Peruse an education-focused magazine or website these days and you’re likely to come across a reference to Social and Emotional Learning (SEL). As with so many recent education trends (e.g., personalized learning, universal design for learning, etc.) proponents of the movement can be guilty of purporting to provide a “magic bullet.”
Frederick Hess, director of Education Policy Studies at the American Enterprise Institute and executive director of Education Next, advised SEL proponents based on his experience with education fads. The advice is worth noting as schools are always doing the work of forming student’s character—whether or not they acknowledge and plan for it.
Hess is appreciative of the contributions that SEL has made to raise awareness of this fact to policymakers, educators, and reformers. He says, “we’re now enthusiastically rediscovering that schools are actually supposed to tend to other important stuff too—things like character, decency, perseverance, responsibility, and citizenship.”
Hess notes that commendable as this shift is, SEL advocates have had to be careful of the fact that using such language can seem stale, so he explains, “these traditional virtues have been retro-fitted with cool new names (like ‘persistence,’ ‘grit,’ and ‘non-cognitive skills’), rebranded as ‘social and emotional’ learning (SEL), and packaged with earnest white papers, outsized university initiatives, and excited TED Talks.”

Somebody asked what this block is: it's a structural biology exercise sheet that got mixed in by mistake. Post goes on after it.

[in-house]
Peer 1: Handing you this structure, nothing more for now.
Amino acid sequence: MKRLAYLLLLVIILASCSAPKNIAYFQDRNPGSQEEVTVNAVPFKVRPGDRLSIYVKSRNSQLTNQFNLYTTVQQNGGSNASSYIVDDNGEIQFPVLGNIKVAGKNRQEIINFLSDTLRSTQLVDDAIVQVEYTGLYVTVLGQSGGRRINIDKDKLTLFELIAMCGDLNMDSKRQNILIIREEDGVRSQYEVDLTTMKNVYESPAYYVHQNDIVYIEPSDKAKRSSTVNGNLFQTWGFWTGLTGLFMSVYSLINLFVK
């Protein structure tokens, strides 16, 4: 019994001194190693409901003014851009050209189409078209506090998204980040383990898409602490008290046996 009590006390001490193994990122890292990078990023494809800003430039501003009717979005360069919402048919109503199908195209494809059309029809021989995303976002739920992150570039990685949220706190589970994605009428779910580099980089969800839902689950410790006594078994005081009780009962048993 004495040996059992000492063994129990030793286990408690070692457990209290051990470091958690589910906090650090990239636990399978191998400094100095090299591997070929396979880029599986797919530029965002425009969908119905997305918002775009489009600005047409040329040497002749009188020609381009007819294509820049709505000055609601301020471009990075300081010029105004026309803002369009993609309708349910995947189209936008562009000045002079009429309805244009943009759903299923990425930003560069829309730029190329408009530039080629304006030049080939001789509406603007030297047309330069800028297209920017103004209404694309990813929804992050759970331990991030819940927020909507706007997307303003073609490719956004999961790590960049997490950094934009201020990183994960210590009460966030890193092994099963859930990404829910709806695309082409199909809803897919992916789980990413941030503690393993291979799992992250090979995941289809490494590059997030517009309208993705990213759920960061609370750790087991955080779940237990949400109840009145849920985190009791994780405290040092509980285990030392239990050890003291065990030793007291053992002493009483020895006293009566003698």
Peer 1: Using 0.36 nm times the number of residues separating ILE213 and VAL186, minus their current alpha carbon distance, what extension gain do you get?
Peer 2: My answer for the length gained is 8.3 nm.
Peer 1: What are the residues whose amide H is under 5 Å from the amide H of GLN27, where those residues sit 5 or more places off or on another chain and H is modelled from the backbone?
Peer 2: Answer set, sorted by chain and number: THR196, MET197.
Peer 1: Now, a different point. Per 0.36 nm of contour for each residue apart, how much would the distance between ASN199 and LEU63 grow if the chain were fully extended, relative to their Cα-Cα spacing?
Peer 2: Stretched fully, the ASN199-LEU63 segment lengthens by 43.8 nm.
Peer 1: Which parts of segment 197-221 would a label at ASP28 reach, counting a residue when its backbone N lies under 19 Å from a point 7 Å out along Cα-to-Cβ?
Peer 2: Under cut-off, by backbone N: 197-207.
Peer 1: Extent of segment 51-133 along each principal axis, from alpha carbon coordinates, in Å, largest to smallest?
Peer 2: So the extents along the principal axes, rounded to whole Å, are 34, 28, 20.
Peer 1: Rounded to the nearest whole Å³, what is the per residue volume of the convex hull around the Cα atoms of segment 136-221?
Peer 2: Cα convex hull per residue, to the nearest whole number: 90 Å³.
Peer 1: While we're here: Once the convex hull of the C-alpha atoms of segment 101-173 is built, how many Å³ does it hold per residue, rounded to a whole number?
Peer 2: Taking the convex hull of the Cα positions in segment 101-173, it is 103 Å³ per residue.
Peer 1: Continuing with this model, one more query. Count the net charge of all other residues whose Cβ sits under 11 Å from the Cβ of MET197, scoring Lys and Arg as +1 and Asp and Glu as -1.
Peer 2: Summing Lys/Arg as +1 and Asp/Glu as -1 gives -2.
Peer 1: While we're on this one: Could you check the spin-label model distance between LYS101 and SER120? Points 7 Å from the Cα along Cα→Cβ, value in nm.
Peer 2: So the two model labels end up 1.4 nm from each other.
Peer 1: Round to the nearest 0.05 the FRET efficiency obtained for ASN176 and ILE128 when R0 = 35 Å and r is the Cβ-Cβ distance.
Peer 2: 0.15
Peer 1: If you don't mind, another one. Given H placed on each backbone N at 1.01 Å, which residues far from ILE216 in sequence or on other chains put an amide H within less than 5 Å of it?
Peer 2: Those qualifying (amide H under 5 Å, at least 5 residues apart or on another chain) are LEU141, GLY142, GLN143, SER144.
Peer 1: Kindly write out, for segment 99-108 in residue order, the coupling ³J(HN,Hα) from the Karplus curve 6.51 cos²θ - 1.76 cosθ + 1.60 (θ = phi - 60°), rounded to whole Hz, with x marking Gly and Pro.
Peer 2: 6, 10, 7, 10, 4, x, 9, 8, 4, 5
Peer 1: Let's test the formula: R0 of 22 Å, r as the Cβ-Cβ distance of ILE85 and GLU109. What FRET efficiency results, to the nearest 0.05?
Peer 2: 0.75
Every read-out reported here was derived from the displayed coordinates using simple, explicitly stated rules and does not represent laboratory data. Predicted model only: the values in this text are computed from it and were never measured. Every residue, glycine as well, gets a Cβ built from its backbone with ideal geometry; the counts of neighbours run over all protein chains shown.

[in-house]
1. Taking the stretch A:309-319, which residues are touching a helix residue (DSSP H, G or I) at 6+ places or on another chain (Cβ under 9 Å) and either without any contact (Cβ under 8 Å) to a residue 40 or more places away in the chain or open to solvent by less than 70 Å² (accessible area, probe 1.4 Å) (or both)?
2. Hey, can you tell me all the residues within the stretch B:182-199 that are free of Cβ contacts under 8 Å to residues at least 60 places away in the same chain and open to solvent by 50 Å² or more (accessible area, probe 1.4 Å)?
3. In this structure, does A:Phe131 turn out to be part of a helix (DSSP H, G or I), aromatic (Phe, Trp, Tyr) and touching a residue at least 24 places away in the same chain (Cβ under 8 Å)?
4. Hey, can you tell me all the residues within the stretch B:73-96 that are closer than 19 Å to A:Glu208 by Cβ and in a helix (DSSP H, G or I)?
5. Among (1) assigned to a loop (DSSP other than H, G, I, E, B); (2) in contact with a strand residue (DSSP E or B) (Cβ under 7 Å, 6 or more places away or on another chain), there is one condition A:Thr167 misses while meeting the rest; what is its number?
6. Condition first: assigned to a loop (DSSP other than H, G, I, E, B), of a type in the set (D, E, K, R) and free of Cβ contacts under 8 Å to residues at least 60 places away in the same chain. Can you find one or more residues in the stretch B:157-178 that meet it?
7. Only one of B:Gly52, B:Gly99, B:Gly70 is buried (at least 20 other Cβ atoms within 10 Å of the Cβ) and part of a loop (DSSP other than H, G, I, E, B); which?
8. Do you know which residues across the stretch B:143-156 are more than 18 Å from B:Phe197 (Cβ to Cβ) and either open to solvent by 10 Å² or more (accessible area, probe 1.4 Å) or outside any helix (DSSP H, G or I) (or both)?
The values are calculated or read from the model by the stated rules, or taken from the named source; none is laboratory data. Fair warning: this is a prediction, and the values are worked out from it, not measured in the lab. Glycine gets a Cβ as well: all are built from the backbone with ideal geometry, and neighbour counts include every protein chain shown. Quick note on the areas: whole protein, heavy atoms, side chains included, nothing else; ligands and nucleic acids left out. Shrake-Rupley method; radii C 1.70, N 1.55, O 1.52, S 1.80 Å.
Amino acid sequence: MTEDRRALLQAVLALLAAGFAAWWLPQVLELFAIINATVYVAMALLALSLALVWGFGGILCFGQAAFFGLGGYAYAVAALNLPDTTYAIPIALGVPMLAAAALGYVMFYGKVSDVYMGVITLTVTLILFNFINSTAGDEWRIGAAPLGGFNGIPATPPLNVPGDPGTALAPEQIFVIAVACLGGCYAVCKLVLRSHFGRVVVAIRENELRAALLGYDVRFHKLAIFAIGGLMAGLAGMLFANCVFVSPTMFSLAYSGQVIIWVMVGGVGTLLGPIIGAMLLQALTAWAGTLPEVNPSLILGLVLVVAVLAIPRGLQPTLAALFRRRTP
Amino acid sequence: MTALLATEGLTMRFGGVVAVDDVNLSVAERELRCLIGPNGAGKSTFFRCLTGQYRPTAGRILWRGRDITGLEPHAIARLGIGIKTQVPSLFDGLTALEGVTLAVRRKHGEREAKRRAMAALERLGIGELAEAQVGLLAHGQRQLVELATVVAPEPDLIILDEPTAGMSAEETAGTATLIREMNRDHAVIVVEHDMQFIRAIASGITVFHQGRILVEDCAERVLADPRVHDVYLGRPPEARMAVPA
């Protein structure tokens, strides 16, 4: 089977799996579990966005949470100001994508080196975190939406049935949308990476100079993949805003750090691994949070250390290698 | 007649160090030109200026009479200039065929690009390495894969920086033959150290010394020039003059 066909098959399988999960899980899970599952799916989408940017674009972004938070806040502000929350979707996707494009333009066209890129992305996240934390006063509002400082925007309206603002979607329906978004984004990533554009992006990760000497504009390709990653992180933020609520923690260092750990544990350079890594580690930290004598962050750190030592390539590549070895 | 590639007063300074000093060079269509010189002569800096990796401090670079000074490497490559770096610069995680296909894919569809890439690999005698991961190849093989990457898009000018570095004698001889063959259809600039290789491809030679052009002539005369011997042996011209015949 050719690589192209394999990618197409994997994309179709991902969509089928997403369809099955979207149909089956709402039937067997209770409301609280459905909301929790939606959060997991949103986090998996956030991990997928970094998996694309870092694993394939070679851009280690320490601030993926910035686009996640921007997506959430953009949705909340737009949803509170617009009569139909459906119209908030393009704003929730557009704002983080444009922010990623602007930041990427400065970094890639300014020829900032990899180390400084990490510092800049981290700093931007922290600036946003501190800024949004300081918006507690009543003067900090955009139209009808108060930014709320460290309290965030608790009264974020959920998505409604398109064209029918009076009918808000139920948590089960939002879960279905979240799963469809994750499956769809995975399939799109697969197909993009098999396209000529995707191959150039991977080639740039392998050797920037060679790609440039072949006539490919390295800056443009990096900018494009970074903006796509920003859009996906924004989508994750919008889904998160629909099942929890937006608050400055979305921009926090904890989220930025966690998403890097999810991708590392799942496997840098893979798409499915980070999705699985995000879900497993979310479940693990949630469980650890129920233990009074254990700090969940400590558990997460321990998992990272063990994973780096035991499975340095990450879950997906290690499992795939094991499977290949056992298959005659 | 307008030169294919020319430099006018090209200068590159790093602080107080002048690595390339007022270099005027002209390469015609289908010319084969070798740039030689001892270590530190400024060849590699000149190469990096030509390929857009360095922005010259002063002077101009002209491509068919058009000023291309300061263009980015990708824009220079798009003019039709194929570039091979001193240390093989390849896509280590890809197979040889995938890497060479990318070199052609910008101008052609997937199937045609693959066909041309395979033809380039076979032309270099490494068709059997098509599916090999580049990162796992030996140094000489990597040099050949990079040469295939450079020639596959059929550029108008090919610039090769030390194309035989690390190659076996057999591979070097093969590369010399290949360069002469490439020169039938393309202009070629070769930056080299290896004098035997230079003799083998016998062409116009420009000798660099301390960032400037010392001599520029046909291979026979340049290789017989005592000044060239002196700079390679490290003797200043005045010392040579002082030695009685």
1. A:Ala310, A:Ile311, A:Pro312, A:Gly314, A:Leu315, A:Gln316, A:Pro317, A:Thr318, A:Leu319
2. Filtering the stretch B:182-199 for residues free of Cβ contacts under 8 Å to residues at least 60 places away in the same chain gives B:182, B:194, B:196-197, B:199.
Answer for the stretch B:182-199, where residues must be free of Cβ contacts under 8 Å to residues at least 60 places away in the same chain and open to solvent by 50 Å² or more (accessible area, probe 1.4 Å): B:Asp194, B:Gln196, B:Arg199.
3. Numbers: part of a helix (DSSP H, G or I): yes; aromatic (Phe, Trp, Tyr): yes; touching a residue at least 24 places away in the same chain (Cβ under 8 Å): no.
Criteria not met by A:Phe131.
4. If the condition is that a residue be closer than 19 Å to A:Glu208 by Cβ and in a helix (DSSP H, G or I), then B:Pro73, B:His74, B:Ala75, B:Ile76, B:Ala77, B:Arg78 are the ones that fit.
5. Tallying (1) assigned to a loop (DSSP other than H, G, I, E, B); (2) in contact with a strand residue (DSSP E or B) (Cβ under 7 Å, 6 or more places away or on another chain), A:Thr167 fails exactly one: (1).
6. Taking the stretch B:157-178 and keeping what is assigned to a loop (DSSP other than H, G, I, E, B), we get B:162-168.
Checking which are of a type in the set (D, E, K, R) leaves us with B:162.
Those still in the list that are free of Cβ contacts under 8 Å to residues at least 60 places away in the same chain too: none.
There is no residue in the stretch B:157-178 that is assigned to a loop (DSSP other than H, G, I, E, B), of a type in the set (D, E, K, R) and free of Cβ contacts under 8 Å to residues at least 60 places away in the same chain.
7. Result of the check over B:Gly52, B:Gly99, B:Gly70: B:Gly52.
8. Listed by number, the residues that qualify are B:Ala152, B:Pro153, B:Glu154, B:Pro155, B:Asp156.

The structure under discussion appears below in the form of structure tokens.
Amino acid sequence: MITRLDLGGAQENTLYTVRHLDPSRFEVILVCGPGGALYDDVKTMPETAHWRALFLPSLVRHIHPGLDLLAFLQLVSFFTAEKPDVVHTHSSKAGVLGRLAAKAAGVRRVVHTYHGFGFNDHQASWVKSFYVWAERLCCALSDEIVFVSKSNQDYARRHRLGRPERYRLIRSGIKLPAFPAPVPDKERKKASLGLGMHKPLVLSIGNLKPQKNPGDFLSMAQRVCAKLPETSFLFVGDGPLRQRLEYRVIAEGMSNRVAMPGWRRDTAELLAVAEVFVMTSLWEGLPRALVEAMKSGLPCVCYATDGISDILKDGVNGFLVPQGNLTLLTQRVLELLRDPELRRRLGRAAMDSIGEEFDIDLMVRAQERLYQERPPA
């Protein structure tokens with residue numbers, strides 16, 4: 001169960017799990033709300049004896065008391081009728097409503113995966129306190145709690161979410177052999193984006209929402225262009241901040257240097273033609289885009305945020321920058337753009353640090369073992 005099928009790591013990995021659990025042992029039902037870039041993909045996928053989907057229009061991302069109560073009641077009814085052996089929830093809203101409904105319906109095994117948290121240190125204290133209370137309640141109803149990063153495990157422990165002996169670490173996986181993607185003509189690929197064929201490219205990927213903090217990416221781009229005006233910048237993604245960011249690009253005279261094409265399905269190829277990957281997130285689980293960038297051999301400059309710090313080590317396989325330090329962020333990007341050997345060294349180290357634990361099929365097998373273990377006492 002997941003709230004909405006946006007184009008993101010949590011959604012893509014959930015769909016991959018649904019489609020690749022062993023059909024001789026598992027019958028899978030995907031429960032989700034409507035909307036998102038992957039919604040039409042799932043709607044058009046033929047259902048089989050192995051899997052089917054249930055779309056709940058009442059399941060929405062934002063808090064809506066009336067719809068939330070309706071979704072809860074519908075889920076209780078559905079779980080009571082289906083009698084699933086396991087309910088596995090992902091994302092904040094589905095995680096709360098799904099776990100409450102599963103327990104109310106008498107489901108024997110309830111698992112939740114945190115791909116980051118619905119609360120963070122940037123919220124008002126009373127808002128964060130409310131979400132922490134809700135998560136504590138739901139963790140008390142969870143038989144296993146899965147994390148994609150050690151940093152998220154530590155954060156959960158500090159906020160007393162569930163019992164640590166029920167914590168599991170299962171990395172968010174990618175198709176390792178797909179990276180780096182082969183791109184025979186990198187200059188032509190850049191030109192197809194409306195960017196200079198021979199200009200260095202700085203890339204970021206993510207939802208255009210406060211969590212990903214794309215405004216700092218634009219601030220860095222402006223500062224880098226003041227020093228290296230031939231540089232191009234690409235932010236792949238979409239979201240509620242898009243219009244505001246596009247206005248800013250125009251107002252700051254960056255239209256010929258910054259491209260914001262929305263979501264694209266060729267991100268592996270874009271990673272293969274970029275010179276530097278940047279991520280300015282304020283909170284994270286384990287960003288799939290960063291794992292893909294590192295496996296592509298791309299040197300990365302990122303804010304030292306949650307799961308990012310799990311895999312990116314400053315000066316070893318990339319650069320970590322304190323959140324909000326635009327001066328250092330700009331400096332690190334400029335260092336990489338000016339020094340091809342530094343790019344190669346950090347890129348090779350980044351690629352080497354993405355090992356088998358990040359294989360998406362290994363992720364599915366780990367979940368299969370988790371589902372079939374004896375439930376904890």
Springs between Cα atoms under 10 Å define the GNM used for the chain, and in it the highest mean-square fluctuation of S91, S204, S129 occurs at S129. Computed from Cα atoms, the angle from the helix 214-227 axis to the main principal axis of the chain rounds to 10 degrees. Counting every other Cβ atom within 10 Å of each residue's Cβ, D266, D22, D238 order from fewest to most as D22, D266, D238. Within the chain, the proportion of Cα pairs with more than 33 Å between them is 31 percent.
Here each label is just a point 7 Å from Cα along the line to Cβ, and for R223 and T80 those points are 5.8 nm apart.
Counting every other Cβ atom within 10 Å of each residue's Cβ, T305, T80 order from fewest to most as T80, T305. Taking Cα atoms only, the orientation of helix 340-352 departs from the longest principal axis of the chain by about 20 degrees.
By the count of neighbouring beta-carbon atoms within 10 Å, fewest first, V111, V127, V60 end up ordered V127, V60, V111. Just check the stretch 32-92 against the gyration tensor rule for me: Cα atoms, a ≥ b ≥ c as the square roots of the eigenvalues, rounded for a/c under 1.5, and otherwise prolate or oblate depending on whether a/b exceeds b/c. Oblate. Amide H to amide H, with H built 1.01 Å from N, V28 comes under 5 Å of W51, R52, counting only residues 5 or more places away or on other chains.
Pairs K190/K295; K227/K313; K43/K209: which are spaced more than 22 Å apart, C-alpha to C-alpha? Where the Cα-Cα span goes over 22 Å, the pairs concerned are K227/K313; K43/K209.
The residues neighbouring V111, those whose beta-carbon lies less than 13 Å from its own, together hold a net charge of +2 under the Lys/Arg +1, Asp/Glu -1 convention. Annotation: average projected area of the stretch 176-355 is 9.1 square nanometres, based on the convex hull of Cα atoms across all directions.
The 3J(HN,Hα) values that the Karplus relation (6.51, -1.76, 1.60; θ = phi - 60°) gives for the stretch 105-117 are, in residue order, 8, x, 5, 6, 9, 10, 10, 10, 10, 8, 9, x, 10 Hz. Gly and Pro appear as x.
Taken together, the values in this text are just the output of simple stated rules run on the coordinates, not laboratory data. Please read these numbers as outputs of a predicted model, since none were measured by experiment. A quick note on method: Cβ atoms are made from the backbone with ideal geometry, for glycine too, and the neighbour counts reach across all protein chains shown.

Unfortunately, the desire to be different things to different practitioners has caused there to be some muddling of terms. What Hess calls “opacity” threatens to make SEL, “[S]eem like it’s everything and anything—whatever is most rhetorically convenient at the moment . . . [and] this makes it tough to discern whether and why the idea of the moment is actually likely to help.”
To combat this, Hess suggests that advocates make it clear “what the ‘it’ is.” He also provides one piece of advice for SEL that is particularly salient to any discussion of character formation: “SEL advocates need to concede that this stuff invites discussion of ‘ideology.’”
He is right that SEL invites discussion of ideology: What is the ideal to which we are pointed? On this topic, Institute for Advanced Studies in Culture founder James Davison Hunter offers a modest proposal in The Death of Character: “[P]erhaps the most we can do is to create greater space in our social life (and not just in private life) for what remains of our wide-ranging and diverse moral communities to be renewed and to renew.”
He continues, “[I]t is precisely these kinds of social worlds, defined by a clear and intelligible understanding of public and private good mediated consistently through integrated social networks of adult authority, that moral instruction has its most enduring effects on young people.”
The Character Formation Project is one example of a program that doesn’t shy away from ideals, but has built a narrative library of historical figures who have embodied the ideals to which they are committed. If SEL champions can learn how to state those ideals, and provide rich historical and literary examples, they will contribute to Hunter’s vision of renewed moral communities.